(RxWiki News) For older women, exercising more and doing so more vigorously could lead to a reduced risk of death, according to a new study.
In fact, compared to the least active women in this study, the most active women had a 60 to 70 percent lower risk of dying during the roughly 2.5-year study period.
This research bolsters past studies that had similar findings, but this study was the first to measure physical activity and intensity using a particular wearable device and then compare those measurements to a clinical outcome.
For the purposes of this study, an example of moderate to vigorous exercise was brisk walking. Although lighter physical activity wasn't tied to a reduced risk of death, it could have other beneficial health effects, the study authors noted.
This research included nearly 17,000 older women whose average age was 72. The study participants wore the wearable device for at least 10 hours per day to measure their physical activity levels and intensity.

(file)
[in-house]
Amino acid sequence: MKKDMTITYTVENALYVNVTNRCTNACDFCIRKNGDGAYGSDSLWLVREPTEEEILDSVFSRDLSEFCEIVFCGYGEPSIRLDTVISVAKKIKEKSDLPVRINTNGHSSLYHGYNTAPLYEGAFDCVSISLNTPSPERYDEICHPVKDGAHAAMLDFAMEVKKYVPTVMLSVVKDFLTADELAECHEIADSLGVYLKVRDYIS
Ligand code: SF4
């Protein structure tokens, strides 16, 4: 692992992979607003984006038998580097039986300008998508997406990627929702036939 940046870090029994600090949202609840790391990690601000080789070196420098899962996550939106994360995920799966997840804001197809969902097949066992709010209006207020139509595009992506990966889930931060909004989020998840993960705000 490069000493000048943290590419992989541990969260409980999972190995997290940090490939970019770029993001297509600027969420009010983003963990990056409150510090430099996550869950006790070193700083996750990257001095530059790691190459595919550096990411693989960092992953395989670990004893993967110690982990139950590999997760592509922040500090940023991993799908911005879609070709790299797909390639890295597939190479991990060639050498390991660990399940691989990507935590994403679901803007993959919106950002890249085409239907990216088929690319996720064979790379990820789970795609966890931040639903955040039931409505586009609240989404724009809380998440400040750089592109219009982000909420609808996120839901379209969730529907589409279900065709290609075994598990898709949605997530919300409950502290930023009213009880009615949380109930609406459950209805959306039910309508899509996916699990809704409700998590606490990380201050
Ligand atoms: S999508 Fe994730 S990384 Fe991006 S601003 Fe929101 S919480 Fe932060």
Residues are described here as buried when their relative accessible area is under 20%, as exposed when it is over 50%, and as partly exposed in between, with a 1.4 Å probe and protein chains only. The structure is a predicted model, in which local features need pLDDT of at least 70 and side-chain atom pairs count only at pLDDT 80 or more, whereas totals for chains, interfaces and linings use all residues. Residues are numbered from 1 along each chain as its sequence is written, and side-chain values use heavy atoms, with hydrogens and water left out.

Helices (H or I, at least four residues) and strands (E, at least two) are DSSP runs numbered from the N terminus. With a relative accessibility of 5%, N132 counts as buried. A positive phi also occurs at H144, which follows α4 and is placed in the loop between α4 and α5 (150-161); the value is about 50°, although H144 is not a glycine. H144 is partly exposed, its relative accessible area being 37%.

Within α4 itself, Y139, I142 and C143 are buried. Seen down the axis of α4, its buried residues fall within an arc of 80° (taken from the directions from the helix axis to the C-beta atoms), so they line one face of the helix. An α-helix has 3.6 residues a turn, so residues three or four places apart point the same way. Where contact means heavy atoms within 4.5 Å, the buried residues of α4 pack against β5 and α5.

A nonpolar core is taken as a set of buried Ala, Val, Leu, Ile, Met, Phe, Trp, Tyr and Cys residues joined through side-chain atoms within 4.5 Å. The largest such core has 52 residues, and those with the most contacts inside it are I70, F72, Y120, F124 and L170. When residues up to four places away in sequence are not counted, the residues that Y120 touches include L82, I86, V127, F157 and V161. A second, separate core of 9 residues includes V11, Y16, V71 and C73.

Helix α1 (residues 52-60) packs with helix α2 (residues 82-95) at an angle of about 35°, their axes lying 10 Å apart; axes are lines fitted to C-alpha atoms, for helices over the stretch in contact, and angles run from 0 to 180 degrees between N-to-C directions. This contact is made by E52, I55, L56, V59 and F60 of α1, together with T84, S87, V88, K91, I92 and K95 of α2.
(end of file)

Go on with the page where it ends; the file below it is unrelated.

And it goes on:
Overall, these researchers said their findings support current exercise recommendations.
"We hope to continue this study in the future to examine other health outcomes, and particularly to investigate the details of how much and what kinds of activity are healthful," said study author Dr. I-Min Lee, of Harvard University, in a press release. "What is irrefutable is the fact that physical activity is good for your health."
Before making any changes to your physical activity levels, ask your health care provider what types of exercise are healthy for you.
This study was published in the journal Circulation.
The National Institutes of Health funded this research. Information on potential conflicts of interest was not available at the time of publication.